Eryn is a wolf who can’t shift, not without his Alpha’s help. Even then, his wolf is so wild that it doesn’t listen to him, and barely listens to the Alpha. It’s so bad that Eryn’s Alpha is trying to find him a new home in another pack, somewhere where Eryn can start over, make friends, and have a better life than the one he’s living, hiding away in a room. Then the worst thing that Eryn could have ever imagined happens. His wolf, feral and uncontrollable, kills the Alpha! The Beta of the pack offers Eryn a chance to volunteer for a contract at the Flesh Market — maybe a year or two — until the chaos dies down. When Eryn has served his time, he can come back to the pack and maybe they’ll let him back in.
For Levi, the Flesh Market is where he goes to buy a new dinner. Slaves, criminals in all flavors — centaur or siren, human or elf — they’re there for his perusal. Usually they don’t last long, as Levi is rough with his food, and here, picking from the dregs of the market, he doesn’t need to be gentle. These are often beings that have broken their culture’s laws, done something to get themselves sold here, and no one will miss them when they’re gone. And that’s when Levi sees him: the wolf. The boy, just of age, wide eyed and innocent, stripped naked and shoved onto the block to be sold. Levi has to have him. It’s been so long since he’s tasted a wolf …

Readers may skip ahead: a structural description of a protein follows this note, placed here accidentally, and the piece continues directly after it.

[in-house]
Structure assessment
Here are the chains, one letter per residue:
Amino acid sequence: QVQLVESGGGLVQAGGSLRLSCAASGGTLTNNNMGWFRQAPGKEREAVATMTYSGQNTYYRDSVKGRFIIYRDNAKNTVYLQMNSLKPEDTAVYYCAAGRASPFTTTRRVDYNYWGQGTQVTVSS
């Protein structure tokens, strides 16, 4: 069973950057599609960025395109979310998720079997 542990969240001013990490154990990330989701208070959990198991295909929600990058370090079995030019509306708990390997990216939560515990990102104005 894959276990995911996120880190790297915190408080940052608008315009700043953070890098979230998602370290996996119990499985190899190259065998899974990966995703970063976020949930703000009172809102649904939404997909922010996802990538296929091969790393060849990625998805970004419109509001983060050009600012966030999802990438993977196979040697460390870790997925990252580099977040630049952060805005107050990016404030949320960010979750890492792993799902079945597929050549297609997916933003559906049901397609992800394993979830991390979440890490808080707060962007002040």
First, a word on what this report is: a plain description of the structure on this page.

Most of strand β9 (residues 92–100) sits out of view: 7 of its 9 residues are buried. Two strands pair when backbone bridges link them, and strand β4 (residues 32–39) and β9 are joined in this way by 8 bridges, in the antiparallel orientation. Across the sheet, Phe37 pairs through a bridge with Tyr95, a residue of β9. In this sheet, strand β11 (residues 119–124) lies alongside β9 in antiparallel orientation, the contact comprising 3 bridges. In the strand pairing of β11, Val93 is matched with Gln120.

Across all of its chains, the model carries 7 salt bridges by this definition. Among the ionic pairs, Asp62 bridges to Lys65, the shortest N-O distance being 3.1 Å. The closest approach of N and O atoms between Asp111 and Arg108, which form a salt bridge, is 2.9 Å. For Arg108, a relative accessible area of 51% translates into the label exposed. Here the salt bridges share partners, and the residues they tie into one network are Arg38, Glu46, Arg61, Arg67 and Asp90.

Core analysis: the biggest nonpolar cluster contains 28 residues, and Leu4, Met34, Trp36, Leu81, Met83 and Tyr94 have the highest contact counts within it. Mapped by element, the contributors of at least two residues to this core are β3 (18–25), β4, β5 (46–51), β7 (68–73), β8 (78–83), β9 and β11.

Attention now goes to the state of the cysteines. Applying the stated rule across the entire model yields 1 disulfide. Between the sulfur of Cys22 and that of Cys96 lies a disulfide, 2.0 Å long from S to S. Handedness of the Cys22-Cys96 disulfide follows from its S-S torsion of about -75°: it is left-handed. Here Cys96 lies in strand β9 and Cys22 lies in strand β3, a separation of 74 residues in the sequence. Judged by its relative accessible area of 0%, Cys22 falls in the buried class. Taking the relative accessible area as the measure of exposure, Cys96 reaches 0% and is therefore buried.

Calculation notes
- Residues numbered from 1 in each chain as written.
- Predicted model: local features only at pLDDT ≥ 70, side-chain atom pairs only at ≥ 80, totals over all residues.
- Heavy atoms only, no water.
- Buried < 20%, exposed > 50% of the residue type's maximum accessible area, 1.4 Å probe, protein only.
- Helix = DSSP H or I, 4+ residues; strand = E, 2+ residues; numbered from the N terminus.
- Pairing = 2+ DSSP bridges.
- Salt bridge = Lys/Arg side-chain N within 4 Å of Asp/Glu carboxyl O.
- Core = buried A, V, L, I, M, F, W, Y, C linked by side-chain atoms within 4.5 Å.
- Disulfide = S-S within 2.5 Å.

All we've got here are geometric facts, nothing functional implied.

Eryn is a victim. but that feels like pretty much his whole personality in this story. He goes from being someone locked away from the rest of his pack, with his Alpha trying to trade him away to somewhere, anywhere else; to the victim of the Beta, sold into a flesh market; to the victim of Levi, his new owner who uses him first as food, then as a toy, then as a lover. Eryn presents with no personality beyond wanting to please, not wanting to be hurt, and being afraid of being abandoned. His lack of self identity is also present in the chapter titles from his POV where they go from Eryn … to pet.
Levi, short for Leviathan, is the big, bad bloodwraith who is so old, so powerful, and so rich he’s seen and had everything. But he’s never felt like this before. Something about this boy just tugs at his heartstrings so much that he goes from drinking from him and tossing him aside to fretting over him when he’s cold. Levi goes from jaded and indifferent to obsessive and madly in love so fast that it’s almost unbelievable. (For me, personally, it was utterly unbelievable.)
Levi likes being called Daddy, hence the series name, Demon Daddy, but I didn’t feel a connection between Eryn and Levi. It felt so rote, so predicted and predictable that it was actually somewhat boring. In previous books I’ve read featuring a Daddy/boy dynamic, there’s been a sense of nurturing and caring, a sense of caretaking. Here, it all just feels about sex and power, and Levi getting off on being called Daddy while using Eryn to control and to feed from.
The power dynamic between them is very much master and property, as Levi buys Eryn from a slave market and there is a collar around his neck. Levi feeds from Eryn without asking, but is oh-so-considerate when it comes to keeping Eryn physically content. The disparity between the two, with Eryn as food, Eryn as sex toy, and Eryn as Levi’s one, true heart’s beloved after all these many, many centuries didn’t ever gel together for me. Now, to be fair, this is the first book in the series and it ends on a cliffhanger just as the two of them are exploring their relationship outside of the bed, but given the one-note tone of the book and my personal disinterest in the characters, I’m not certain if I’m interested in moving on to book two. If you choose to give this book a try, I hope you enjoy it!